And, the prelude to it; I remember it was around my 10th birthday. Those days we used to live in Cuttack. My father had wondered aloud if he should break his discipline and take us kids to a new movie titled, “Mr. India”, about which he had heard rave reviews. My uncle apparently tried, but failed to procure tickets for the screening, as the movie was running to packed theaters. That film was quite a rage those days, and my only brush with Mr. India was in turning over to the film posters printed on back pages of daily newspapers. The posters were in black and white. And I could care less about the guy playing Mr. India. It was however the leading woman of the film who had clearly captivated me!
So three years after my unfulfilled desire to see her on big screens, when I stole a glance at the cover of this innocent hardcover at the book fair, I did not think twice. Someday soon, I shall get to see a Sridevi movie, I told myself.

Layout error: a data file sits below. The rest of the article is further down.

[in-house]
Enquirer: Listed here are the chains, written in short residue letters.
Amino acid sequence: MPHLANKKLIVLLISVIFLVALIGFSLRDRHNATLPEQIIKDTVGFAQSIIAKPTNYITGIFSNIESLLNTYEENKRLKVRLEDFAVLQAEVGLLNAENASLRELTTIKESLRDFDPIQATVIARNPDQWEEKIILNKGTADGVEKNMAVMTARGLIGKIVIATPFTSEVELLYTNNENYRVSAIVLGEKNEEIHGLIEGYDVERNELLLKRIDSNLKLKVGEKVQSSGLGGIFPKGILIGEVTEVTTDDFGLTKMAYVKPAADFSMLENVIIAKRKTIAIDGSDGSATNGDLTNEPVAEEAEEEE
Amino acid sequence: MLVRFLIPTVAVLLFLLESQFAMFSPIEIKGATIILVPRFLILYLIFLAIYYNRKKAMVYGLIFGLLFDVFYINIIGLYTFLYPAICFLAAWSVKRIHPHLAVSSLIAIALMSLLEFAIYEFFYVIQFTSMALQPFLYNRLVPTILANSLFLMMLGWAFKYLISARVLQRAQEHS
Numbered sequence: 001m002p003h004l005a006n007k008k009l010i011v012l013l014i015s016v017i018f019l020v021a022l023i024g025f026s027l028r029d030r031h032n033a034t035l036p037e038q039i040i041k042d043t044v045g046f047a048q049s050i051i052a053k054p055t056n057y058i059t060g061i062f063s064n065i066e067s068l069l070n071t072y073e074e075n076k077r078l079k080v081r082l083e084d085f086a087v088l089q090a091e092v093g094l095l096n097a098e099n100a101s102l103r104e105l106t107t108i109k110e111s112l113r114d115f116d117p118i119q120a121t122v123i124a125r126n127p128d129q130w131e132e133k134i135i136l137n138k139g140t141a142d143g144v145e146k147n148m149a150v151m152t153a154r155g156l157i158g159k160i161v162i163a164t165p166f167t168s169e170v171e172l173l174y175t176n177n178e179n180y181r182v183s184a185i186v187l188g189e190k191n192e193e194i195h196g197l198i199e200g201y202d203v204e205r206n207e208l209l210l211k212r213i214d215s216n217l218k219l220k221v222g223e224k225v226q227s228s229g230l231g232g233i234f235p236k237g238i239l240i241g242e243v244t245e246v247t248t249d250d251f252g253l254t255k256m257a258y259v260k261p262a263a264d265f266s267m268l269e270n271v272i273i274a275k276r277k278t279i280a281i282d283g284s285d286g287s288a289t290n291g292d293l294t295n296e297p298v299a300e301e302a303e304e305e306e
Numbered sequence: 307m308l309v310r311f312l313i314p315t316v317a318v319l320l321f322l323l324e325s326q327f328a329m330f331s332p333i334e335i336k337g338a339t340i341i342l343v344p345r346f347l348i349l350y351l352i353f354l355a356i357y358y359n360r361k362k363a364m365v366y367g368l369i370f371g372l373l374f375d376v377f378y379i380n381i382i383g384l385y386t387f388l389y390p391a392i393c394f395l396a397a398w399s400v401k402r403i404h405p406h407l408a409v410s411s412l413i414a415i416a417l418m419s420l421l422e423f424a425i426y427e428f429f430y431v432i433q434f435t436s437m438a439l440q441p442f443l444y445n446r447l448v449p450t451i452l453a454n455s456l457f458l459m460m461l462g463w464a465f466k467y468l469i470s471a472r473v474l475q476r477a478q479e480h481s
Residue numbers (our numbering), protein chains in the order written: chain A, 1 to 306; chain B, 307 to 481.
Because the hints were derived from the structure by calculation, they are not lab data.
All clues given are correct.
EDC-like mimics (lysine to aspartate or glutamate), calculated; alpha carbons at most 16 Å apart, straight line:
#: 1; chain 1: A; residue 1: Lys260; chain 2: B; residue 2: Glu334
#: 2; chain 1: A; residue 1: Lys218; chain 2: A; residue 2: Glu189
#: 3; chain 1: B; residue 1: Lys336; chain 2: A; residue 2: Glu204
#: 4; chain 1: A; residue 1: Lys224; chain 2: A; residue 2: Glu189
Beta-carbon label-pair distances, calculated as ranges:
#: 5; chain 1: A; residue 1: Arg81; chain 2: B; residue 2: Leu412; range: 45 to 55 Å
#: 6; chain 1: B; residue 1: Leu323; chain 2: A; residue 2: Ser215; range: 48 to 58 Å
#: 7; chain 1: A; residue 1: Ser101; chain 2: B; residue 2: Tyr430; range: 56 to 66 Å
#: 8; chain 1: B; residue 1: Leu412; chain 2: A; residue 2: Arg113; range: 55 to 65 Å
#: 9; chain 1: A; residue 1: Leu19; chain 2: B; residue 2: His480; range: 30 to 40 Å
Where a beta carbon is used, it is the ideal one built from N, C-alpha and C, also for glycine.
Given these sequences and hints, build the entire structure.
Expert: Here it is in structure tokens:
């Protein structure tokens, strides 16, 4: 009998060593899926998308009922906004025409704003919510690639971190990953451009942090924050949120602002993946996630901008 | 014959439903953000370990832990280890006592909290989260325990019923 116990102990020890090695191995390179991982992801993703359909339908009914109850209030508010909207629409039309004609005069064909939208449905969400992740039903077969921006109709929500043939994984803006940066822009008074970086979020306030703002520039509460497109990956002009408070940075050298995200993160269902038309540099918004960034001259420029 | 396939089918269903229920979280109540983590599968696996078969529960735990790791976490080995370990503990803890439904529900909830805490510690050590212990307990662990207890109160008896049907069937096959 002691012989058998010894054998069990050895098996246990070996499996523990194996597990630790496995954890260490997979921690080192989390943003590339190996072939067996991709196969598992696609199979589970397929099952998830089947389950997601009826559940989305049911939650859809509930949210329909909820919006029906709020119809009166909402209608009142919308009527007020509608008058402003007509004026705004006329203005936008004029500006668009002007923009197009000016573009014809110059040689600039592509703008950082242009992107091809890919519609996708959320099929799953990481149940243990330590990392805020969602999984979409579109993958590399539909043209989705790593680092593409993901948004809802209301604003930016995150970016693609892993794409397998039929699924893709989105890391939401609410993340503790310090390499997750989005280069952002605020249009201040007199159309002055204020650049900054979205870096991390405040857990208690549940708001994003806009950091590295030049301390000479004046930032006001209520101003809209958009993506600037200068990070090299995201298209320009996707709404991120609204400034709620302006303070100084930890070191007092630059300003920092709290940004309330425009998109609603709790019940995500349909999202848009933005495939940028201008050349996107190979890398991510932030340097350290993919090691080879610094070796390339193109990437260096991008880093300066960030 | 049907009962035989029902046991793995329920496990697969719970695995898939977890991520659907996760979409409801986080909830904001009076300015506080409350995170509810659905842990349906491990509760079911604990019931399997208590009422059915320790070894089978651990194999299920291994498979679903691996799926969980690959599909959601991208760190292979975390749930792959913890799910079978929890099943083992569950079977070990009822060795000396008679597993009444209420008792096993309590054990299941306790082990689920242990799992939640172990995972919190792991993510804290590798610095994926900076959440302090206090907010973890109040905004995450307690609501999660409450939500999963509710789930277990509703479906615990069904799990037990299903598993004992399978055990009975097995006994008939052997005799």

Luckily, I did not have to wait for long.
That summer, my father was invited to visit the hinterlands of Orissa as a delegate to raise awareness about environment. I accompanied him on a long bus trip to the stunning Simlipal forest. For me, the most anticipated part was the trip itself, because of the VHS tape that was played on the trip. Sridevi in, and, as “Chandni” enthralled me no end. It was an unforgettable movie in so many ways, of course. But for me personally, it was my Mr. India fantasy coming true. I could care less about Vinod Khanna or Rishi Kapoor. It was Sridevi on my mind. Her eyes, her bangles, her sarees, her smile, her dances, her emotional moments, her relationship quotient – I had no idea who Yash Chopra was. But I was sure I knew who Sridevi was, and that she was going to give life to the story. And she did.
The trip to Simlipal with my parents turned out to be the most memorable one I had made in my life. I saw my father (and his environmentalist friends) addressing large gatherings of people in the villages, to emphasize and extend support towards conservation of the biosphere. I witnessed the splendor of the precious flora and fauna that characterized Simlipal. My father had gifted me my first camera for the trip and using that, I captured the eternal beauty of the Barehipani Falls, the second highest waterfalls in of India. Almost two decades after this trip, Simlipal was finally admitted to the UNESCO World Network of Biosphere Reserves (as one of 10 such sites from India).